Stay current with automotive technology

By: DavidPage

Stay abreast of automotive technology

Pat Johnson of Automotive Youth Educational Systems (AYES), which works primarily with high school students interested in becoming automotive technicians, states that technicians need postsecondary education – including programs from manufacturers.

Your responsibility as an automotive technician is to keep your knowledge current and skills refined. Doing so will make you more marketable. These tips can help ensure that you remain abreast of the most recent innovations in this sector.

There’s a path to success.

Many automotive technicians already employed in the field find that their employers provide them with the best opportunity to develop their skills. Successful shop managers encourage employees to take classes for professional development and usually cover some or all costs associated with such pursuits.

Paul Egan is a shop foreman at Gallagher Buick-Pontiac-GMC in New Britain, Connecticut. “We begin training with computer lessons,” he explains. “Then we move onto satellite instruction which is two way with an instructor.” Afterward, hands-on experience follows – essential in today’s field. This type of education cannot be undervalued.”

Opportunities in the Workplace

Your location of employment and career will influence your opportunities for advanced training. If you work at a truck or new-car dealer franchise, factory training programs should be accessible. These classes may take place at the dealership or nearby facility; occasionally, you may need to travel or spend additional time away from home. It is important that you make every effort possible to attend these training programs if possible; not only will this improve your skills but it also shows that you are interested in progressing; rarely are inept or motivated employees promoted.

Independent repair shops may be able to provide training to their employees. Many automakers offer after-market training programs in different regions, so for more information about local programs available near you, reach out to your local dealer association.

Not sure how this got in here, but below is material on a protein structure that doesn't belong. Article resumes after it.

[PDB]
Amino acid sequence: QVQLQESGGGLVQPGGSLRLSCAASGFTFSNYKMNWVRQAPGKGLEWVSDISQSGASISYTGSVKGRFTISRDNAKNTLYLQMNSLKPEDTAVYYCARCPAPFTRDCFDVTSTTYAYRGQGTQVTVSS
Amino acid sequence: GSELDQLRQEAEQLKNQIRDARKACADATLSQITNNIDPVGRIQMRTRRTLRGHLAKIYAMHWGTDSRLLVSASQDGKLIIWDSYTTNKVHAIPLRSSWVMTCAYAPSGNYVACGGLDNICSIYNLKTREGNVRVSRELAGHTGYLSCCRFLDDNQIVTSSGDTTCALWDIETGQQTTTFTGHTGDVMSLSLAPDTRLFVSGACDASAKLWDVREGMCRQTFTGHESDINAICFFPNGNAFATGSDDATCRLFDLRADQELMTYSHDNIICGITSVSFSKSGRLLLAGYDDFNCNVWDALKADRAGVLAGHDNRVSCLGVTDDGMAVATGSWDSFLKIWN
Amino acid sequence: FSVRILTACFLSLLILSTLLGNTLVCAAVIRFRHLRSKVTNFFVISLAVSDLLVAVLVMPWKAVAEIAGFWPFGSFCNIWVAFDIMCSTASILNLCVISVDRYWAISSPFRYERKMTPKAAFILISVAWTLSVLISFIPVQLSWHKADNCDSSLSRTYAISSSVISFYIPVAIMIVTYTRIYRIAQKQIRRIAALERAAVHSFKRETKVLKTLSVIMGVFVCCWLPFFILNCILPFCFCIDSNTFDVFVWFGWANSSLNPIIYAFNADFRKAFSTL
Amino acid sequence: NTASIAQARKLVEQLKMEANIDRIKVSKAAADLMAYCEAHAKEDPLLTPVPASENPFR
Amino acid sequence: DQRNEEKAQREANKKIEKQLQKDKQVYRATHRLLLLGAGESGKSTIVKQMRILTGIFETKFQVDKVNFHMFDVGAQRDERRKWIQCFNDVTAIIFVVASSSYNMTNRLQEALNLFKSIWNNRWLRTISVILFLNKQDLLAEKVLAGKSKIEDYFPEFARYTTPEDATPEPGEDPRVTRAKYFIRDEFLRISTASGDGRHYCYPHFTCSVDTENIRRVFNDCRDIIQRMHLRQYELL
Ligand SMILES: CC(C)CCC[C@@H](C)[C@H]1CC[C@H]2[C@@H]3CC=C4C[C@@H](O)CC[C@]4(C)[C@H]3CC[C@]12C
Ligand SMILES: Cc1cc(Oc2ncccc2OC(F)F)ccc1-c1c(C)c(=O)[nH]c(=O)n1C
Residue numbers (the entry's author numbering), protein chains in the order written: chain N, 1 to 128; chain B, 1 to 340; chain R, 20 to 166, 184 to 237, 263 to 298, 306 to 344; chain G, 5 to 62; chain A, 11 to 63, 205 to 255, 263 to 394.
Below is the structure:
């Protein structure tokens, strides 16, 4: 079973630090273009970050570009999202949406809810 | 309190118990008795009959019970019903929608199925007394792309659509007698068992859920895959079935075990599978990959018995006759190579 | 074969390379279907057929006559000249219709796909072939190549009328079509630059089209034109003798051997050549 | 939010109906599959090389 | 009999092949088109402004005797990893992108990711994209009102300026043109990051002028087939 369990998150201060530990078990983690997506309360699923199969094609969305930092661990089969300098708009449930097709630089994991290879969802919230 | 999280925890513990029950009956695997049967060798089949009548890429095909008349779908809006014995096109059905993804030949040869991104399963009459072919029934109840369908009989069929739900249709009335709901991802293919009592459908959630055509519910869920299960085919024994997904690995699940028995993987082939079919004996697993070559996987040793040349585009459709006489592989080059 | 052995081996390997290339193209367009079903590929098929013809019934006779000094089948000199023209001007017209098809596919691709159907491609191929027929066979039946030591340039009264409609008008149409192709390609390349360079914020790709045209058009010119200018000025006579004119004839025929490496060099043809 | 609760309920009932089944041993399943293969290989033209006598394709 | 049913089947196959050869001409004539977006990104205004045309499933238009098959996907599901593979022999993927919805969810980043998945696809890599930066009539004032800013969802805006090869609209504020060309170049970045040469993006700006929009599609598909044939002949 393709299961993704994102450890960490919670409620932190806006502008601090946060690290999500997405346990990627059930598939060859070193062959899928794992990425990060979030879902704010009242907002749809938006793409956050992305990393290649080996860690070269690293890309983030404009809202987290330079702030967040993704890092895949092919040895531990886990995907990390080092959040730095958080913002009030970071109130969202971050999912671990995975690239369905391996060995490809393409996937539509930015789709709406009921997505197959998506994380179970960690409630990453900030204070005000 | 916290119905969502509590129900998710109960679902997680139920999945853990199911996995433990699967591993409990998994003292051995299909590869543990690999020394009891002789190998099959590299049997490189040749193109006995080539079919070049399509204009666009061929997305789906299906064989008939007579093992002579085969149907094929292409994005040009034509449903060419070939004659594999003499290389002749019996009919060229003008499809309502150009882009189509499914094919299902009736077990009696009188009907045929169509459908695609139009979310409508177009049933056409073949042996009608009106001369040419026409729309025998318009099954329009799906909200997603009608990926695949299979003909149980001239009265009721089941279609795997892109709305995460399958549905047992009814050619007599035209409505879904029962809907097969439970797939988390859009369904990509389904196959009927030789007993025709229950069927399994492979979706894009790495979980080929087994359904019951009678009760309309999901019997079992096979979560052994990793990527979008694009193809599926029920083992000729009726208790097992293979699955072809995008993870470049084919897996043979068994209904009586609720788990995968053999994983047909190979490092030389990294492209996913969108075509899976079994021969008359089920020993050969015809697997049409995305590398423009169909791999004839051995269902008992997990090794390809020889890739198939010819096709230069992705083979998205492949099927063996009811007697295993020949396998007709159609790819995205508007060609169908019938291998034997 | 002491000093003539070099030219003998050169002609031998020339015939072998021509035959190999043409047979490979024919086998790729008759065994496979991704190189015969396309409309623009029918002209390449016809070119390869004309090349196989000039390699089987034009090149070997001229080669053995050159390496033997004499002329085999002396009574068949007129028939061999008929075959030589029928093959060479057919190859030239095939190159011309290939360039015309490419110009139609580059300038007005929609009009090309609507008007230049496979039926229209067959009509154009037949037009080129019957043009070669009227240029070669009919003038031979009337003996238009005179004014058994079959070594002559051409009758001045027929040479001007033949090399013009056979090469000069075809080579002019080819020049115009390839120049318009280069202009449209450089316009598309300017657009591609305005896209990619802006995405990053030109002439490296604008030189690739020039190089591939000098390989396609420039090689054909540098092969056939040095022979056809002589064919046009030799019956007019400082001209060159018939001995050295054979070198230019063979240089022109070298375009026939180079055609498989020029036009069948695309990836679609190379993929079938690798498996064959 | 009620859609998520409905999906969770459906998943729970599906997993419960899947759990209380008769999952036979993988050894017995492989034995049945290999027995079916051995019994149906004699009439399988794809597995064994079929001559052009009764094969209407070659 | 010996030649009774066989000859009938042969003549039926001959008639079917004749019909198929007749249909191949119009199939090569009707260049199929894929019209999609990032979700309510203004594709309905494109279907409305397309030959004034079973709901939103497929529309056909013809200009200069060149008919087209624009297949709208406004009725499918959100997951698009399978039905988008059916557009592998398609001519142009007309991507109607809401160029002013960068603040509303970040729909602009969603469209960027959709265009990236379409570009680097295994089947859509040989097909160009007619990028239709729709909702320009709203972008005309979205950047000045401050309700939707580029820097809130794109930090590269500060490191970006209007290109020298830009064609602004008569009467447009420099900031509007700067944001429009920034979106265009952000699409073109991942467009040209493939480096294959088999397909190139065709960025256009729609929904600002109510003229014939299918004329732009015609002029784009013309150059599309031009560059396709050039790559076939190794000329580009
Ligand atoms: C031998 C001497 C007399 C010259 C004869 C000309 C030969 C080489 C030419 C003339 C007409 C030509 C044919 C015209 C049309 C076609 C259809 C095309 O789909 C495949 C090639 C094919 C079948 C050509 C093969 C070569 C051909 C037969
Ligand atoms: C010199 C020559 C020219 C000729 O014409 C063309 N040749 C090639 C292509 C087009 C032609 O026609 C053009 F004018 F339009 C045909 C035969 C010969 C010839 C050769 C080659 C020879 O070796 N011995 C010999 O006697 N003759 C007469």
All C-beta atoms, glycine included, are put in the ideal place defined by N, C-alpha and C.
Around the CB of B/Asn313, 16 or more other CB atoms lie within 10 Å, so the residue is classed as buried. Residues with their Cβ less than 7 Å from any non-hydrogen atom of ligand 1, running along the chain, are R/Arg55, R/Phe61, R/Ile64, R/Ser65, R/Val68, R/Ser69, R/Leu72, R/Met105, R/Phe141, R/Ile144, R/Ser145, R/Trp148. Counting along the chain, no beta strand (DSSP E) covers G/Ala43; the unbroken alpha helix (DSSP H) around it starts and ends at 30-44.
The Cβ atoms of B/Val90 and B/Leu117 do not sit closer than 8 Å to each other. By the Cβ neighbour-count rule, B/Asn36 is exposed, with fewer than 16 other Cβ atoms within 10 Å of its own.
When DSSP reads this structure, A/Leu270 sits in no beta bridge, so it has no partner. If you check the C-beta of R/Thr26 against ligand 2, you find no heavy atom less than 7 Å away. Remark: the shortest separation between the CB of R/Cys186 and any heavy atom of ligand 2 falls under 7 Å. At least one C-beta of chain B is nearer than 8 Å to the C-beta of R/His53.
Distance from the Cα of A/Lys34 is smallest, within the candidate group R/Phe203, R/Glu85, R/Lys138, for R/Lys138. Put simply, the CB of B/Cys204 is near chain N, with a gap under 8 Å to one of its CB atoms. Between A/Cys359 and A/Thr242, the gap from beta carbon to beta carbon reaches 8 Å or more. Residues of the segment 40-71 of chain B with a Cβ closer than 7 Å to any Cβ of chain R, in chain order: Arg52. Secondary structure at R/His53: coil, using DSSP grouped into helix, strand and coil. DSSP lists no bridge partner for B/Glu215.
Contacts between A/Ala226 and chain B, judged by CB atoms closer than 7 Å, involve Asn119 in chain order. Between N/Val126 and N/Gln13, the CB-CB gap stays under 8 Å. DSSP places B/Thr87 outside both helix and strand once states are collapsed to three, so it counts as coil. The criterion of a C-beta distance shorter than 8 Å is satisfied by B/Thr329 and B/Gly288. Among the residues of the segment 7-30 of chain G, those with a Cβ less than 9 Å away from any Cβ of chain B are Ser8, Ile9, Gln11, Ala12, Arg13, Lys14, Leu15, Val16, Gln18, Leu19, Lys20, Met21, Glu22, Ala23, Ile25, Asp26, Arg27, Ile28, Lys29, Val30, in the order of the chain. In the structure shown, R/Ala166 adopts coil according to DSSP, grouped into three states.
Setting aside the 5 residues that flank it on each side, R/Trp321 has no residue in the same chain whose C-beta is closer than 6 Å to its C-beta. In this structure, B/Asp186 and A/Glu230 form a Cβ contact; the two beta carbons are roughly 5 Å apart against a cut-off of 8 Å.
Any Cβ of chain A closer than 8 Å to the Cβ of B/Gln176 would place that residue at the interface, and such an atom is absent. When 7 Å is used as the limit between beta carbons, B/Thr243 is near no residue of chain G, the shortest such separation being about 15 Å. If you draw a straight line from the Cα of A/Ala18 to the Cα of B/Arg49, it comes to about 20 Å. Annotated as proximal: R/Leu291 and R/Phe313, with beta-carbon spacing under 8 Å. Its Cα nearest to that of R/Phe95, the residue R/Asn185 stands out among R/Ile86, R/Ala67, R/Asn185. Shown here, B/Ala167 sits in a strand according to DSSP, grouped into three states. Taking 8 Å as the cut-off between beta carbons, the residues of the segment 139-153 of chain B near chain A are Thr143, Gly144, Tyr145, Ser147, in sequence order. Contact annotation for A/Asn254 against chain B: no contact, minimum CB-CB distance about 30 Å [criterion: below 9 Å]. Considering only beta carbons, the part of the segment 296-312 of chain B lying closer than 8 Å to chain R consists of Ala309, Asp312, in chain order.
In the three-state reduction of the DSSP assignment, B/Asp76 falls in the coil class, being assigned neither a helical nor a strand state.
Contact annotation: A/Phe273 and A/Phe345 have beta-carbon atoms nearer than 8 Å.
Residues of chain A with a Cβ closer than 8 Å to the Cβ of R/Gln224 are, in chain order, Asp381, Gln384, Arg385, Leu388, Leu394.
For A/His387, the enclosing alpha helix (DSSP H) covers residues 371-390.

Train Yourself

Training can often be found from parts suppliers and manufacturers of automotive test equipment, regardless of if you work for a dealership or not. To accommodate work schedules, these programs tend to run on weekends and evenings. Local vocational schools should have programs with a wider curriculum; alternatively, private educational establishments are available in many areas that provide this type of instruction as well.

Learn more about the Program

Training programs offered outside the shop can range significantly in quality and scope. Before enrolling in any such class, make sure that the scope has been verified by an organization such as Accrediting Commission of Career Schools and Colleges of Technology, along with making sure the diploma/certificate produced by this program is recognized by both your current and potential employers.

Web Learning

Distance-learning or web-based training may be an option if traditional options aren’t feasible for you. Many of these courses are excellent and accredited, allowing you to work at your leisure. Proctored testing may be required for certification purposes – typically required by employers. To maximize value from these courses, look for programs that combine theoretical study with practical application.

Additional Benefit

When seeking a job in the automotive industry, don’t just ask about pay, hours and insurance – ask about training programs as well. One thing is certain in this field: change is constant – and that means staying informed is your biggest asset. So don’t delay! Ask now about becoming one of our talented recruits!

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